anslated a filthy play, he made it filthier than in the original, and that he has once and again scattered his satyr-like fancies in spots such as the Paradise of Milton, and the Enchanted Isle of Shakspeare, which every imagination and every heart previously had regarded as holy ground. The only extenuating circumstance we can mention is, that his pruriency was latterly in part relinquished and much deplored by himself, and that his poetry is, on the whole, free from it. In our critical paper, prefixed to the Second Volume, we intend to examine the question, how far an author's faults are, or are not, to be charged upon his age.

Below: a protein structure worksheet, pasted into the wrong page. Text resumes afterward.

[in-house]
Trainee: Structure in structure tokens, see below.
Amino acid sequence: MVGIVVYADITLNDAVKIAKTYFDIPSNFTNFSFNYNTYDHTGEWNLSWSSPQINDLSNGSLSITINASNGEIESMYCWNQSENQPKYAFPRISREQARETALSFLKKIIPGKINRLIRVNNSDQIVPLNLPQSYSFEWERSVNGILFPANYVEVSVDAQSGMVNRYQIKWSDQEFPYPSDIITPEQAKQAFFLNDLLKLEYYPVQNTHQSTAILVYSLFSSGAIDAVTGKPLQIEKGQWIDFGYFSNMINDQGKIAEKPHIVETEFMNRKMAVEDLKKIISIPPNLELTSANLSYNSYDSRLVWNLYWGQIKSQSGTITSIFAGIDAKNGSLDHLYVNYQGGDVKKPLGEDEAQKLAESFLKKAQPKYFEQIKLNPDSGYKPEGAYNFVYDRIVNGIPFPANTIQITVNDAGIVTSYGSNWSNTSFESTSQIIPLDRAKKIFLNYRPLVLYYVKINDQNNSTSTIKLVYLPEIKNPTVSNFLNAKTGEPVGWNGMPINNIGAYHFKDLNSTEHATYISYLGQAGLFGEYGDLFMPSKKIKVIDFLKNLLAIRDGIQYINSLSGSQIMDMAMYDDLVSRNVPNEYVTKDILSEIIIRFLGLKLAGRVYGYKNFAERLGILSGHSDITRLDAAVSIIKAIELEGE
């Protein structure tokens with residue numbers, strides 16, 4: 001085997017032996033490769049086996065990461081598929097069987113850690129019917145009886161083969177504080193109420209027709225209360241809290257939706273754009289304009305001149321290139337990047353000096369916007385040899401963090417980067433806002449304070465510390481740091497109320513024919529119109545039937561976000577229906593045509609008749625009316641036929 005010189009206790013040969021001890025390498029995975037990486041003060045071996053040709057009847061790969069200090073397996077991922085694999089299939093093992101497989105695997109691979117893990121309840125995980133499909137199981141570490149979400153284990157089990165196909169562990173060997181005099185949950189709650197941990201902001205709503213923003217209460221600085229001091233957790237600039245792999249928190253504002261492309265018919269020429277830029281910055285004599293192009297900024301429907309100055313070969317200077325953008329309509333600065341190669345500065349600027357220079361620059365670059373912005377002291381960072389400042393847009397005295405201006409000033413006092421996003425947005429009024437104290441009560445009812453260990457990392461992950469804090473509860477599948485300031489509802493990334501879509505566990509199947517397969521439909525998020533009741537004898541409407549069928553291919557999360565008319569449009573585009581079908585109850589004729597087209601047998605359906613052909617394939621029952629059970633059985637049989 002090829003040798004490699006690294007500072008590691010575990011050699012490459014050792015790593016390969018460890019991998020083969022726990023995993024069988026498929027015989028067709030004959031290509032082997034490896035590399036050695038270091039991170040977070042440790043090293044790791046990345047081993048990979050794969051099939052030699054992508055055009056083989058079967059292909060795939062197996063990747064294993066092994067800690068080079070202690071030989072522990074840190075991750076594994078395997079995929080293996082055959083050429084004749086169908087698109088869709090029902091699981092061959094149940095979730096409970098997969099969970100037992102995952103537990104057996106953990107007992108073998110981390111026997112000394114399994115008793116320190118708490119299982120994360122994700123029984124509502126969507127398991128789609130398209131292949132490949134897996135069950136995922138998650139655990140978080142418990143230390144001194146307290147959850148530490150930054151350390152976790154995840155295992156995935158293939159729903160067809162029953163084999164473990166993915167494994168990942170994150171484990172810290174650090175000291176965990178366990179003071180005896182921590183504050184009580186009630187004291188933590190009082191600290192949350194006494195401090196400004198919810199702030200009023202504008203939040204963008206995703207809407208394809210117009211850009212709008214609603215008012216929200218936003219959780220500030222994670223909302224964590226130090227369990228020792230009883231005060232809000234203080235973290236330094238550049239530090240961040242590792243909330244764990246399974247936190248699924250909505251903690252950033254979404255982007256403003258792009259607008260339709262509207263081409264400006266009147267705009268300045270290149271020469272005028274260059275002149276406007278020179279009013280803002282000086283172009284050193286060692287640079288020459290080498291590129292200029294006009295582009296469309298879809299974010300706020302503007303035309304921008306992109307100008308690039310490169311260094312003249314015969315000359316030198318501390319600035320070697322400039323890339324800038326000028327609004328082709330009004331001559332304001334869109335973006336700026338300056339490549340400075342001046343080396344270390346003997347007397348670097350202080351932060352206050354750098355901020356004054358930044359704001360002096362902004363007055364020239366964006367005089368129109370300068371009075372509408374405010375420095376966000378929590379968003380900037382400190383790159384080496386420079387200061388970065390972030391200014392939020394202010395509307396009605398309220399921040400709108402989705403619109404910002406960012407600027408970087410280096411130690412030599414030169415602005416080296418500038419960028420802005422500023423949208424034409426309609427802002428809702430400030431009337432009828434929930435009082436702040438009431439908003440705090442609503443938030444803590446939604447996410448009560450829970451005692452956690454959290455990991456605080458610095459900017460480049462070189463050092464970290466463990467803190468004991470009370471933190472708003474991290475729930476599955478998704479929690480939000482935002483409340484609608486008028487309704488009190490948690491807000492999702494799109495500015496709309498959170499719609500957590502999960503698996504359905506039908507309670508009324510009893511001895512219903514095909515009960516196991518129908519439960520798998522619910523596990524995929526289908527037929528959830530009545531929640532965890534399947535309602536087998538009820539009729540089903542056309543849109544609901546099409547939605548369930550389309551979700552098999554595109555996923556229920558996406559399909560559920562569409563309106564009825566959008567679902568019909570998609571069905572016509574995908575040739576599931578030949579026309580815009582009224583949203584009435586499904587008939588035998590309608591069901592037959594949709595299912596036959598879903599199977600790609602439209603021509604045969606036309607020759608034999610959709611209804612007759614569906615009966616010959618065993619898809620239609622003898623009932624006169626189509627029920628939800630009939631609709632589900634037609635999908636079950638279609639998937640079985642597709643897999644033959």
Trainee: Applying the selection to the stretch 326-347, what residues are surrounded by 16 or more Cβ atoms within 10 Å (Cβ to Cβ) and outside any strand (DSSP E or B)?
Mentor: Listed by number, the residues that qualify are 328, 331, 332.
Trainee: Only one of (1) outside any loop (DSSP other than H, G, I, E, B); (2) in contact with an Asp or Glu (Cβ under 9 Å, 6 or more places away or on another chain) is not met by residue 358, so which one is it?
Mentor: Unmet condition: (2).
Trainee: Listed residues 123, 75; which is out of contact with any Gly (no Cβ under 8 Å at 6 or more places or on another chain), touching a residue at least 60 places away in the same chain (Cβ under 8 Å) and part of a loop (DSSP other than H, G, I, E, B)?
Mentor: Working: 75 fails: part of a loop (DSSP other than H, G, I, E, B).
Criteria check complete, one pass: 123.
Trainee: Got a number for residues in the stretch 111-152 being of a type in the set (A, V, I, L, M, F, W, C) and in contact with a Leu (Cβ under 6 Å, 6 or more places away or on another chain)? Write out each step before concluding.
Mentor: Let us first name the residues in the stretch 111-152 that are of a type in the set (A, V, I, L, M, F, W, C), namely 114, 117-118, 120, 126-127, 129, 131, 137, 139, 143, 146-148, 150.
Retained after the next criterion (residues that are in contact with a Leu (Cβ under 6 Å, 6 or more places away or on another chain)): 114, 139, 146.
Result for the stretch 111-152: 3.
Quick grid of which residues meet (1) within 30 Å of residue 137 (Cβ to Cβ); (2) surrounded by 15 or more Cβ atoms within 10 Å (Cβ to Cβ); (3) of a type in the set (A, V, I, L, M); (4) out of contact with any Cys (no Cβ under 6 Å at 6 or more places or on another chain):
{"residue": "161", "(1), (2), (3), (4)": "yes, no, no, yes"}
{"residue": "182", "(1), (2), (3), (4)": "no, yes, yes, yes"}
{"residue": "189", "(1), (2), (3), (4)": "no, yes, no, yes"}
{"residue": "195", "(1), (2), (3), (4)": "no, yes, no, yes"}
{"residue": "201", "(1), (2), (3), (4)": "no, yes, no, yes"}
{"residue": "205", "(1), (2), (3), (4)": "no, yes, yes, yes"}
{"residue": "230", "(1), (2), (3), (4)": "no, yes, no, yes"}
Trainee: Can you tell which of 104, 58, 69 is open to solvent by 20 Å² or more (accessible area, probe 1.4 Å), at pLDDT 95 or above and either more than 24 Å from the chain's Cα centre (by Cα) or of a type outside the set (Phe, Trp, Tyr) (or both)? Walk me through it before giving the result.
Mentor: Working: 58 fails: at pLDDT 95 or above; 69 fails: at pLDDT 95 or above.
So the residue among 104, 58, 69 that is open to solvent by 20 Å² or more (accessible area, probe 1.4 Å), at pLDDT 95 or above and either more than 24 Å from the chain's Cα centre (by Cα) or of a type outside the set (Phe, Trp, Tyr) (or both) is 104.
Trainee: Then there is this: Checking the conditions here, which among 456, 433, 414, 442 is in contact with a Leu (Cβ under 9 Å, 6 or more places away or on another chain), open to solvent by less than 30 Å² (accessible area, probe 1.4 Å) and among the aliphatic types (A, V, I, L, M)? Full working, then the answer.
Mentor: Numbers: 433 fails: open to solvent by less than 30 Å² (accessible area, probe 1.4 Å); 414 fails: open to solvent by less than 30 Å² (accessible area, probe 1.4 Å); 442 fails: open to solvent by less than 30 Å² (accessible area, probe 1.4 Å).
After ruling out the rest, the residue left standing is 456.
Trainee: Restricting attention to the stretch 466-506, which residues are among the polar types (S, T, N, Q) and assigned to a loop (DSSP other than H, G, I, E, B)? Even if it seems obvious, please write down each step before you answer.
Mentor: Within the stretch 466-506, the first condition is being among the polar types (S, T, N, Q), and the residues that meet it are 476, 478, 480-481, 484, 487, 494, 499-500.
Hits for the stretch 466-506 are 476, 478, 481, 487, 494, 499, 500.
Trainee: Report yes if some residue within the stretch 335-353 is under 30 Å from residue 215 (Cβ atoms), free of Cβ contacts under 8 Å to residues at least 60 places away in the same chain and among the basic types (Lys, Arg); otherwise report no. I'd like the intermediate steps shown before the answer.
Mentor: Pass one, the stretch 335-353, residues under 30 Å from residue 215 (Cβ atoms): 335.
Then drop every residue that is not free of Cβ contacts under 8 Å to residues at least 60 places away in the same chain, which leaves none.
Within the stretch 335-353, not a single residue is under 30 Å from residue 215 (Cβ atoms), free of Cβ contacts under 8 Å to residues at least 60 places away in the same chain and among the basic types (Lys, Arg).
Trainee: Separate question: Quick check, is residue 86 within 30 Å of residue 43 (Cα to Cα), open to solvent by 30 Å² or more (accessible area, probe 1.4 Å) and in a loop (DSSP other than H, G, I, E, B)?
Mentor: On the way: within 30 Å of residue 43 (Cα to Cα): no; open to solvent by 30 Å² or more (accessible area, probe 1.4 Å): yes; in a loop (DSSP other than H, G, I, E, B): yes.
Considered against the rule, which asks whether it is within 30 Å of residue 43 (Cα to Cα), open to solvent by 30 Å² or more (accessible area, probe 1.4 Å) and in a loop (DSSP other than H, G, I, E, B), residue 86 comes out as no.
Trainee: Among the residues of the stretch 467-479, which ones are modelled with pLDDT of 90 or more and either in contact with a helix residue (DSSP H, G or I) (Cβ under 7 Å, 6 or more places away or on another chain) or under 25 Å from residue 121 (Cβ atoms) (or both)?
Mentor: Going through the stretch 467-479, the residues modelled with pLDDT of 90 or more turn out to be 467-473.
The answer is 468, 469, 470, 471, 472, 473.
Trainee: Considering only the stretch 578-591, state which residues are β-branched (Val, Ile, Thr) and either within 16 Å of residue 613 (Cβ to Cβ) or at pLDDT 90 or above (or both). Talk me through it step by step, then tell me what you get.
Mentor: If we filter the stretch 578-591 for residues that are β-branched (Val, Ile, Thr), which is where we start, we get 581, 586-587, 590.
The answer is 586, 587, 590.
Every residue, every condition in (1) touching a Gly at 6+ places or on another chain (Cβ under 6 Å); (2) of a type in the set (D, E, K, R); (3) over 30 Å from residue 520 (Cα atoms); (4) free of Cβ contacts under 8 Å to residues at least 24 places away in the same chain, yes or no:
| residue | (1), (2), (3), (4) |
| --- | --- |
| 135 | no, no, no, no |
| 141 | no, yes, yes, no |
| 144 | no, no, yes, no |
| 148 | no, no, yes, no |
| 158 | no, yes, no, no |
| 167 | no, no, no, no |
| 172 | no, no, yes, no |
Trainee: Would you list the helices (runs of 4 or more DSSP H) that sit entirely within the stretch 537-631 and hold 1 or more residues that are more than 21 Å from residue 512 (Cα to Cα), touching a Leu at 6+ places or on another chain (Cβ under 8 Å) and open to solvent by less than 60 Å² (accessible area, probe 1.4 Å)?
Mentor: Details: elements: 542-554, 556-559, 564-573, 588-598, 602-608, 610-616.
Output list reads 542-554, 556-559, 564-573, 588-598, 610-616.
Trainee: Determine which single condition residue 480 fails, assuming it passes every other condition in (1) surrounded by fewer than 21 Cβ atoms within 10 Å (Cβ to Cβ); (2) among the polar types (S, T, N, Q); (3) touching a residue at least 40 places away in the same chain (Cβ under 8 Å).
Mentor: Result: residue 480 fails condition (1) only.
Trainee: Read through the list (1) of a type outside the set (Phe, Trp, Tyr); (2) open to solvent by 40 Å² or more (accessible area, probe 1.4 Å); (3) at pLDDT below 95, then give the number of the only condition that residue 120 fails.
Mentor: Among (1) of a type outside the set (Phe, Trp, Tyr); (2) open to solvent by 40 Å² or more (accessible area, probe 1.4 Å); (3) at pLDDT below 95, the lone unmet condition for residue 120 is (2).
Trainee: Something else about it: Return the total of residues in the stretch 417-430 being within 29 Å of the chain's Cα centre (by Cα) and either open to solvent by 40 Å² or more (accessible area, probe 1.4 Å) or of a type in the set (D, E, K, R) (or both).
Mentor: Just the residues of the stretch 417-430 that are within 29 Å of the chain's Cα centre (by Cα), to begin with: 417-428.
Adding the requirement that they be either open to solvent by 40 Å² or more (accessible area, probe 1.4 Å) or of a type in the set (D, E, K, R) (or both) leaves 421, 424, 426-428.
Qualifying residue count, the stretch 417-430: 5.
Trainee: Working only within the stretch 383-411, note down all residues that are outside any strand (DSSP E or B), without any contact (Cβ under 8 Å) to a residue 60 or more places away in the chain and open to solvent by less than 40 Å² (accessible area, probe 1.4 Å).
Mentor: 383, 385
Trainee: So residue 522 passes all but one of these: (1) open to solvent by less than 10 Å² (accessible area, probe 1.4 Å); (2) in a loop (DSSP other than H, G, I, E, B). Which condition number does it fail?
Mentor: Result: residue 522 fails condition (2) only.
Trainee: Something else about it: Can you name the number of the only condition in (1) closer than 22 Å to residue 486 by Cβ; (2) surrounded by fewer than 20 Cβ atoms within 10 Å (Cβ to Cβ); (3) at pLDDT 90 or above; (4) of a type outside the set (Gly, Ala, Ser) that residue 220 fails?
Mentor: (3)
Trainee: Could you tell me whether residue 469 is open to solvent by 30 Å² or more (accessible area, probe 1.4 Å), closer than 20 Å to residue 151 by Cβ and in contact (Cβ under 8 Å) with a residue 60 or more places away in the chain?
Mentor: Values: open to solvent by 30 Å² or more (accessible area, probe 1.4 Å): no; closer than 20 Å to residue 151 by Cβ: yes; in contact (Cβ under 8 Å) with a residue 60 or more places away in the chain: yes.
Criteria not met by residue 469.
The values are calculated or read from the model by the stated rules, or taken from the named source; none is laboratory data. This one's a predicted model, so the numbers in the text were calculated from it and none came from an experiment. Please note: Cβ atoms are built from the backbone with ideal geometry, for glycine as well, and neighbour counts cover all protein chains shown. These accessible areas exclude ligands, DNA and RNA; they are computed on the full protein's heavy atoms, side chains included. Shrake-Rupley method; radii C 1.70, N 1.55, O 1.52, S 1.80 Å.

His next poem was "Annus Mirabilis," published in 1667, and counted justly one of his most vigorous, though also one of the faultiest of his poems. It includes glowing, although somewhat quaint and fantastic, descriptions of the Dutch War and the Great Fire in London. In 1668, by the death of Sir William Davenant, the post of Poet-Laureate became vacant, and Dryden was appointed
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